Based on the evidence of record, the Board found that Applicant’s painters’ masking tape was related to the Registrant’s spackling compound and primers. This decision demonstrates again that International Class Numbers are not what is important. Applicant’s goods were classified in Class 17 and the Registrant’s goods were classified in Classes 2 and 19. The heading for Class 19 is “building materials (non-metallic); non-metallic rigid pipes for building; asphalt, pitch and bitumen; non-metallic transportable buildings; monuments, not of metal.” The heading for Class 17 is “rubber, gutta-percha, gum, asbestos, mica and goods made from these materials and not included in other classes; plastics in extruded form for use in manufacture; packing, stopping and insulating materials; flexible pipes, not of metal.”
The Trademark Trial and Appeal Board in In re Shurtape Technologies, LLC decided whether SHURSTICK for “painters’ masking tape” in Class 17 was likely to cause confusion with SHUR-STIK for “adhesives for applying floor tiles, floor coverings, carpets and wall coverings and wall covering adhesive activator” in Class 1; “wall size; primers for preparing surfaces to be painted” in Class 2; “spackling compound; mortar patch compounds; asphalt patching compound made of an asphalt base” in Class 19, and SHUR-STIK PERMANENT PATCH for “patching compounds for walls and ceilings” in Class 19. The Board found that the most relevant goods to Applicant’s “painters’ masking tape” were “primer for preparing surfaces to be painted” and “spackling compound.”
In comparing the goods, the issue is not whether purchasers would confuse Applicant’s and Registrant’s goods, but rather whether there is a likelihood of confusion as to the source of those goods. In re Cook Medical Technologies LLC, 105 USPQ2d 1377, 1380 (TTAB 2012). It is not necessary that they be identical or even competitive in nature in order to support a finding of likelihood of confusion. The goods need only be “related in some manner or if the circumstances surrounding their marketing are such that they could give rise to the mistaken belief that they emanate from the same source.” 7-Eleven Inc. v. Wechsler, 83 USPQ2d 1715, 1724 (TTAB 2007).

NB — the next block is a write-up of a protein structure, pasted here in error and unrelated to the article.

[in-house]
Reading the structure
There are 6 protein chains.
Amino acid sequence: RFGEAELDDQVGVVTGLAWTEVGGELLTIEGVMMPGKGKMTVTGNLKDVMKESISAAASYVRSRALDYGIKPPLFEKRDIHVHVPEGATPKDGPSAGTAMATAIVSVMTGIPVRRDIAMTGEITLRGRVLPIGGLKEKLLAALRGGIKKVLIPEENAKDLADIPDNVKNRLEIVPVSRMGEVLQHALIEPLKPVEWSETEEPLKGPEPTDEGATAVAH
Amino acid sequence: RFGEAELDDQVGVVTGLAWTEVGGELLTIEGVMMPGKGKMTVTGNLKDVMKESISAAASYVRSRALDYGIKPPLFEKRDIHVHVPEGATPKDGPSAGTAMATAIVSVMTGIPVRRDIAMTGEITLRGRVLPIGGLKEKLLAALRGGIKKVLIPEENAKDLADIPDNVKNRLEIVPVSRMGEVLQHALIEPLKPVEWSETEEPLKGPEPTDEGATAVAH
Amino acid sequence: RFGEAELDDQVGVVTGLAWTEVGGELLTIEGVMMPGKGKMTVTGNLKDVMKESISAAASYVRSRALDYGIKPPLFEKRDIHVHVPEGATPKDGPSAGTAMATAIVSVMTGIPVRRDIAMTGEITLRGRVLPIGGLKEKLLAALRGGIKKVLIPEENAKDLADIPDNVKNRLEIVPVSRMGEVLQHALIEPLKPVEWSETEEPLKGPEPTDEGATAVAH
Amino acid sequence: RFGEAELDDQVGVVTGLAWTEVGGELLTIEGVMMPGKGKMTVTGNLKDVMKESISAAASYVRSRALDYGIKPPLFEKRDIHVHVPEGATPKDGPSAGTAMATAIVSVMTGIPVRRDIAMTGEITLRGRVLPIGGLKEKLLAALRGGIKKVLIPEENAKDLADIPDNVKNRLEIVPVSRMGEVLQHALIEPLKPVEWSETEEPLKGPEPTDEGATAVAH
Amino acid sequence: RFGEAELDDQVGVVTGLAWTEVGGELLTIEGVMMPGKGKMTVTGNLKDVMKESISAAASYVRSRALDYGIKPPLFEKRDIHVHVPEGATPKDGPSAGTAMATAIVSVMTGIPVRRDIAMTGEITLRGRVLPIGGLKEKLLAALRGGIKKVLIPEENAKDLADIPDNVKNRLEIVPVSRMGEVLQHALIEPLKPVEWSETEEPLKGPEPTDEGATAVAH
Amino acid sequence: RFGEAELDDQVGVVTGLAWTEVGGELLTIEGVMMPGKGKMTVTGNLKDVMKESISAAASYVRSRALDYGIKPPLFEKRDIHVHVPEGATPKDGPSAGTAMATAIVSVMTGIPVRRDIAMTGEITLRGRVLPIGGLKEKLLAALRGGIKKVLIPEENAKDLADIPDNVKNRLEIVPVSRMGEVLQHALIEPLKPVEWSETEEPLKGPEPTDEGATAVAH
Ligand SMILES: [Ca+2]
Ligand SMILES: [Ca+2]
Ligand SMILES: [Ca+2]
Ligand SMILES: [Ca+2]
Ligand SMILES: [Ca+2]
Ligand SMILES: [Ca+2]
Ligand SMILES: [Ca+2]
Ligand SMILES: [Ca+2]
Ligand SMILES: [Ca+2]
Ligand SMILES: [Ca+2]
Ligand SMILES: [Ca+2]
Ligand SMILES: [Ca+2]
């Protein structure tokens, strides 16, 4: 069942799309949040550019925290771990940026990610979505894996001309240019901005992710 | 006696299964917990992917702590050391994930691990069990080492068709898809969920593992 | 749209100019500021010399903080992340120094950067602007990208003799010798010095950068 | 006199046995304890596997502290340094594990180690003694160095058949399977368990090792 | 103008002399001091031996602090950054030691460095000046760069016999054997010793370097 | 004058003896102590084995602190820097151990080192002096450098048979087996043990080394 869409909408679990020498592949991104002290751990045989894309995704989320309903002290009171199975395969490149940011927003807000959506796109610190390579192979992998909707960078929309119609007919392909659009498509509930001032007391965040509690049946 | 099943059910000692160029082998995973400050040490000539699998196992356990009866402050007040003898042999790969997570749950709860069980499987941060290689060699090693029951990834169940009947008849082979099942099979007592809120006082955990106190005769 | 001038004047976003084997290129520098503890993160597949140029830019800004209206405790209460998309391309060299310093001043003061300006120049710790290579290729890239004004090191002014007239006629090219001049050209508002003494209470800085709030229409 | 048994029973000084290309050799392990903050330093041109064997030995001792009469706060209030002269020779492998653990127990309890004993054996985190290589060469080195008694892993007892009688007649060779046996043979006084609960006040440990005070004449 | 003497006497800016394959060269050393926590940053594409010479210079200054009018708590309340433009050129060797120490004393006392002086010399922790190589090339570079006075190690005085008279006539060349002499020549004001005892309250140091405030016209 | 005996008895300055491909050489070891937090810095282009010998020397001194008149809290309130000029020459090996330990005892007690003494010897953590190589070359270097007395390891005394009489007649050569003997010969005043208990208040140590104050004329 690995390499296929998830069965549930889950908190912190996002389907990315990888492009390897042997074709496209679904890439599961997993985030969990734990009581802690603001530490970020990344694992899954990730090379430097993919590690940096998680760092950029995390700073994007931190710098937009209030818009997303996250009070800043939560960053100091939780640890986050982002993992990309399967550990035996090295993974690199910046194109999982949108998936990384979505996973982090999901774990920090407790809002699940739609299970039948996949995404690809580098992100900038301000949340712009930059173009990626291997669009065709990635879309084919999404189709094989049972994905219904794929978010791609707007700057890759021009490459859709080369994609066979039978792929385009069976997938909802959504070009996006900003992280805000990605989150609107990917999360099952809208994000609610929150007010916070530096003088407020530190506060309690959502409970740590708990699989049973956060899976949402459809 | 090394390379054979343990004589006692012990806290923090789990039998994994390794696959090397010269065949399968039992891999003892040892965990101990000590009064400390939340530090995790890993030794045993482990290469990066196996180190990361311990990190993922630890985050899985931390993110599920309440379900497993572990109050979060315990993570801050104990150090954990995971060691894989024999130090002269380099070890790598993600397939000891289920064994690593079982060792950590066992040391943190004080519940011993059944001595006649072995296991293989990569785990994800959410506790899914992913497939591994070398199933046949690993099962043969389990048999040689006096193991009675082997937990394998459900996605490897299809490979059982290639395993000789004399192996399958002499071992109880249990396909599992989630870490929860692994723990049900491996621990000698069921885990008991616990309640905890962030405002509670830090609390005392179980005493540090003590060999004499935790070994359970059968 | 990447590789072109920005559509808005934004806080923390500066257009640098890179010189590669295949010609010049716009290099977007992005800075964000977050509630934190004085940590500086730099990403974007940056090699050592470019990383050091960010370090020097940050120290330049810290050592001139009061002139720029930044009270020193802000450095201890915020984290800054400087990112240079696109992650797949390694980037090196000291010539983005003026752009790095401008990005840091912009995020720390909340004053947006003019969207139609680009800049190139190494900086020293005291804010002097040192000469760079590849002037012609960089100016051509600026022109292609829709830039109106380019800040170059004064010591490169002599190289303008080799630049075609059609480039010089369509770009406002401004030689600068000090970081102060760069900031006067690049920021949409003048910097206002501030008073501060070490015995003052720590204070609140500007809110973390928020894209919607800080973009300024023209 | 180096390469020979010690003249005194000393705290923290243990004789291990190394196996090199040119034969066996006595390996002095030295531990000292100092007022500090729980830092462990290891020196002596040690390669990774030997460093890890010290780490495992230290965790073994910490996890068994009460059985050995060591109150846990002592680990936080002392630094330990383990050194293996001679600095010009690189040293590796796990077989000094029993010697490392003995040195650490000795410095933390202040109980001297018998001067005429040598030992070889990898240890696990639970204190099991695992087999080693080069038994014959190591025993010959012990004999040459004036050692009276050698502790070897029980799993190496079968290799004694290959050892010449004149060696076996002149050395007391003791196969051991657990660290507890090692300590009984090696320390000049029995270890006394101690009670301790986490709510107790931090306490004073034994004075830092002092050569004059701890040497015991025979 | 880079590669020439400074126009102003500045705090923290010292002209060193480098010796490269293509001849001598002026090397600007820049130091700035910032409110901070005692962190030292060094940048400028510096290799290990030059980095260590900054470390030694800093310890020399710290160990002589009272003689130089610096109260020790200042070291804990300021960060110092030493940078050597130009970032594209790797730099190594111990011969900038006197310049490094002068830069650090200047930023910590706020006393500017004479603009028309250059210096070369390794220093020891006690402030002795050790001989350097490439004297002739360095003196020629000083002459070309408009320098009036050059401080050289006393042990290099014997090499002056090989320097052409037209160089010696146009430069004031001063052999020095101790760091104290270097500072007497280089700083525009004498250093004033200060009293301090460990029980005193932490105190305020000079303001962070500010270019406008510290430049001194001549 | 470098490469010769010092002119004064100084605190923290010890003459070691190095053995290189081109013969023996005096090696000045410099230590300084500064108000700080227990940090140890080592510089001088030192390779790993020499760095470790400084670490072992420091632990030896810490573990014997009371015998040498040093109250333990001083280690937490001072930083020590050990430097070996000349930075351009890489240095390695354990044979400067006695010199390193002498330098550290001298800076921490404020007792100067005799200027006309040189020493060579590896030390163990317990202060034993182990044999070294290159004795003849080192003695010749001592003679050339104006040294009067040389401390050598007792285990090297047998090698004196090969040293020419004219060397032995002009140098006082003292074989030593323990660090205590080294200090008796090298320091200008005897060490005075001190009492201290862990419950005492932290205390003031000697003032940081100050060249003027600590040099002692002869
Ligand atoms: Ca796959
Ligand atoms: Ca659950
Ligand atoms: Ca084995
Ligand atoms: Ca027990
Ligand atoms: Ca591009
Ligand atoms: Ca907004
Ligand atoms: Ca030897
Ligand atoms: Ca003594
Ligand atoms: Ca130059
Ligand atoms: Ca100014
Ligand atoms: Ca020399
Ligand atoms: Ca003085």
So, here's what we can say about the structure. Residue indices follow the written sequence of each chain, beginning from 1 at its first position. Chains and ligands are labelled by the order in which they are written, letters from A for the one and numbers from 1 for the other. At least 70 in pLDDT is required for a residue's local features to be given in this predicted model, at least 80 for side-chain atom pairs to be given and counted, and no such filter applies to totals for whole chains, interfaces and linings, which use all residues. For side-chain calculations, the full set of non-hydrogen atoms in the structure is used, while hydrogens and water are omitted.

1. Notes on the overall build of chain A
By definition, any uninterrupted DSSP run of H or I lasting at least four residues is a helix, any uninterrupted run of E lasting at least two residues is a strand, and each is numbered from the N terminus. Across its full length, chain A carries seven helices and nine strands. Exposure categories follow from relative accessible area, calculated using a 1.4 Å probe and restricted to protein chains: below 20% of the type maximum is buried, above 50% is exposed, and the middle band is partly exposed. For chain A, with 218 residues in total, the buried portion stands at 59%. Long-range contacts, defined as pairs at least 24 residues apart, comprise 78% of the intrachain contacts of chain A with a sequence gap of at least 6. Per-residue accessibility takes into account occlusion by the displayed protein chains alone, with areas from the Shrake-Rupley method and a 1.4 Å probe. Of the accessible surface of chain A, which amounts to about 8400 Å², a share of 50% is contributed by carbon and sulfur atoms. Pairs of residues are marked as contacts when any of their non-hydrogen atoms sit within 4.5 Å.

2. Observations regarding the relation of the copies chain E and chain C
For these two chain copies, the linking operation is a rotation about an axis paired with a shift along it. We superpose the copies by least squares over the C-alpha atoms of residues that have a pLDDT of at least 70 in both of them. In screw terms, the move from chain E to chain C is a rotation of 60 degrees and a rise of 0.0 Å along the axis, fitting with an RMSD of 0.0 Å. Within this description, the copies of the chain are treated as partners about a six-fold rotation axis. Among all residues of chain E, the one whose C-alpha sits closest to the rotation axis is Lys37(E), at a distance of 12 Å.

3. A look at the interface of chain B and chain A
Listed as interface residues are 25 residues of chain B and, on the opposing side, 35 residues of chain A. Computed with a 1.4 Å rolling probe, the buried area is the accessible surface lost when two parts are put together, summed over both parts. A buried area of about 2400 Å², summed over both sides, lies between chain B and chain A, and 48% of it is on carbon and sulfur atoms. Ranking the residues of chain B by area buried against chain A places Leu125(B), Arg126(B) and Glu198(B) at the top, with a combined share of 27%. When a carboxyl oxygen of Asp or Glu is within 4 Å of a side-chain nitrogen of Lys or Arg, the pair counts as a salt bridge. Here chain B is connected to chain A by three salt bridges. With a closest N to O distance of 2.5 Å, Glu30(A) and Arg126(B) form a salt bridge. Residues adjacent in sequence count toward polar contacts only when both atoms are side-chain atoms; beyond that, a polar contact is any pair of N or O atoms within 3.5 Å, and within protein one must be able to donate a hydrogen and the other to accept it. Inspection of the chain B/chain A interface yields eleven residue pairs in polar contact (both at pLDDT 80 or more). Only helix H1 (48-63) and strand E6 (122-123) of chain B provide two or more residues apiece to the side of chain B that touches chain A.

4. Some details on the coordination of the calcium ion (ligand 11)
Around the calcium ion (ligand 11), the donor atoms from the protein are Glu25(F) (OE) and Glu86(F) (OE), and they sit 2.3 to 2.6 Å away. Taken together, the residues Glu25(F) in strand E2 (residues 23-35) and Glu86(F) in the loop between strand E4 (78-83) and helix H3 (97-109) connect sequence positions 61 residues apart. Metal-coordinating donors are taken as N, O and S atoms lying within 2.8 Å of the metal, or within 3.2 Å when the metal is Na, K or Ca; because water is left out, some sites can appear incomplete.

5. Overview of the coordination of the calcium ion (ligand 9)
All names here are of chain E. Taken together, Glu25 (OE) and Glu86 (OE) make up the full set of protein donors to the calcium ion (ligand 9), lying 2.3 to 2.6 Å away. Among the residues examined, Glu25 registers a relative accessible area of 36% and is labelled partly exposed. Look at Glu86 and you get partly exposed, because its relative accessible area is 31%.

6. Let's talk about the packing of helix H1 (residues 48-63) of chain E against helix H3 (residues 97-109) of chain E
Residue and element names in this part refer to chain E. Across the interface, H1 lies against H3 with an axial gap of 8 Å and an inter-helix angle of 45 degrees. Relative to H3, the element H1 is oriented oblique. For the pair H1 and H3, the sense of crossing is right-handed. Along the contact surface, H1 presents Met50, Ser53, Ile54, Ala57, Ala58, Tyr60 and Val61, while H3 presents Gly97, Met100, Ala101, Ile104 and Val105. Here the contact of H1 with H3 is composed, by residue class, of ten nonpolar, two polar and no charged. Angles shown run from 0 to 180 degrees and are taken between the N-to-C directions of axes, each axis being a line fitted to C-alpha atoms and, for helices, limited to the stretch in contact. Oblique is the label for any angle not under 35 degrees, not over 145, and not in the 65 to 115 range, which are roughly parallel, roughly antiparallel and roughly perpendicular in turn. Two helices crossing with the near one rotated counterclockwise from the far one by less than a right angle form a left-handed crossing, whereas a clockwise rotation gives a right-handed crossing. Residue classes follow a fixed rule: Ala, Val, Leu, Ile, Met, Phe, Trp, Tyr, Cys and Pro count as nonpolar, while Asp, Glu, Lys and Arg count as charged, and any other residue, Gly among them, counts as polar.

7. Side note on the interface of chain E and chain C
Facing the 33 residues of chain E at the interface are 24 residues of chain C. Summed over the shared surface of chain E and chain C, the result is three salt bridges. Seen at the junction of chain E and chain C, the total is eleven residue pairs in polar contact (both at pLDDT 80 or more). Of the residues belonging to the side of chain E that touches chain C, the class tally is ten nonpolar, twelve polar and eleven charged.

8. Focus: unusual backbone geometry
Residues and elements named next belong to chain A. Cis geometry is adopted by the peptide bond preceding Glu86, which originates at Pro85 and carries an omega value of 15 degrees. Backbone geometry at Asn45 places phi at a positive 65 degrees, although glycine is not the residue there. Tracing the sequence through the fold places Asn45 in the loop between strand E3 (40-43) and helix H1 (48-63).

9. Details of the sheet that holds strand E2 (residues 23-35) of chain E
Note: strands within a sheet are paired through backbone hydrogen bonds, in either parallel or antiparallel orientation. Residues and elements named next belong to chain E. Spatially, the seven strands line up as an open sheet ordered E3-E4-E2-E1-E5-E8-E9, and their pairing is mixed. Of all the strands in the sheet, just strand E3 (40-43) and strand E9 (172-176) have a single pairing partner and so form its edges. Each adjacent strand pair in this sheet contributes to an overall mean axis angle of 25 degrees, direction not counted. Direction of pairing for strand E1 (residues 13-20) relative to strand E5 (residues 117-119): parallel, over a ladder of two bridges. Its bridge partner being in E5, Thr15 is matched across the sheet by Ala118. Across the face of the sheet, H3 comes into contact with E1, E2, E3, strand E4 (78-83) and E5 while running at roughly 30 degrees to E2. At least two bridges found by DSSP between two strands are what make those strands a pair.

Where the goods at issue have complementary uses, and therefore are often used together or otherwise purchased by the same purchasers for the same or related purposes, such goods have generally been found to be sufficiently related such that confusion would be likely if they are marketed under the same or similar marks. See, e.g., In re Martin’s Famous Pastry Shoppe, Inc., 748 F.2d 1565, 223 USPQ 1289, 1290 (Fed. Cir. 1984) (finding bread and cheese to be related because they are often used in combination, and stating: “Such complementary use has long been recognized as a relevant consideration in determining a likelihood of confusion.”); American Drill Bushing Co. v. Rockwell Mfg. Co., 342 F.2d 1019, 145 USPQ 144, 146 (CCPA 1965) (drill press and drill bushings/drill bushing liners are complementary products); In re Sela Products, LLC, 107 USPQ2d 1580, 1587 (TTAB 2013) (surge protectors, wall mounts and brackets complementary goods because purchasers are likely to encounter both during course of purchasing a television, audio or home theater system); Polo Fashions, Inc. v. La Loren, Inc., 224 USPQ 509, 511 (TTAB 1984) (finding bath sponges and personal products such as bath oil and soap to be closely related because they are complementary goods that are likely to be purchased and used together by the same purchasers).
If you rely on the headings to make your determination about relatedness, you would likely conclude that the goods in Class 17 are unrelated to the goods in Class 19. But as we see in this case, your intuition would be wrong. That is why it is important to look at prior case law when making the relatedness of goods decision, which is what BOB does.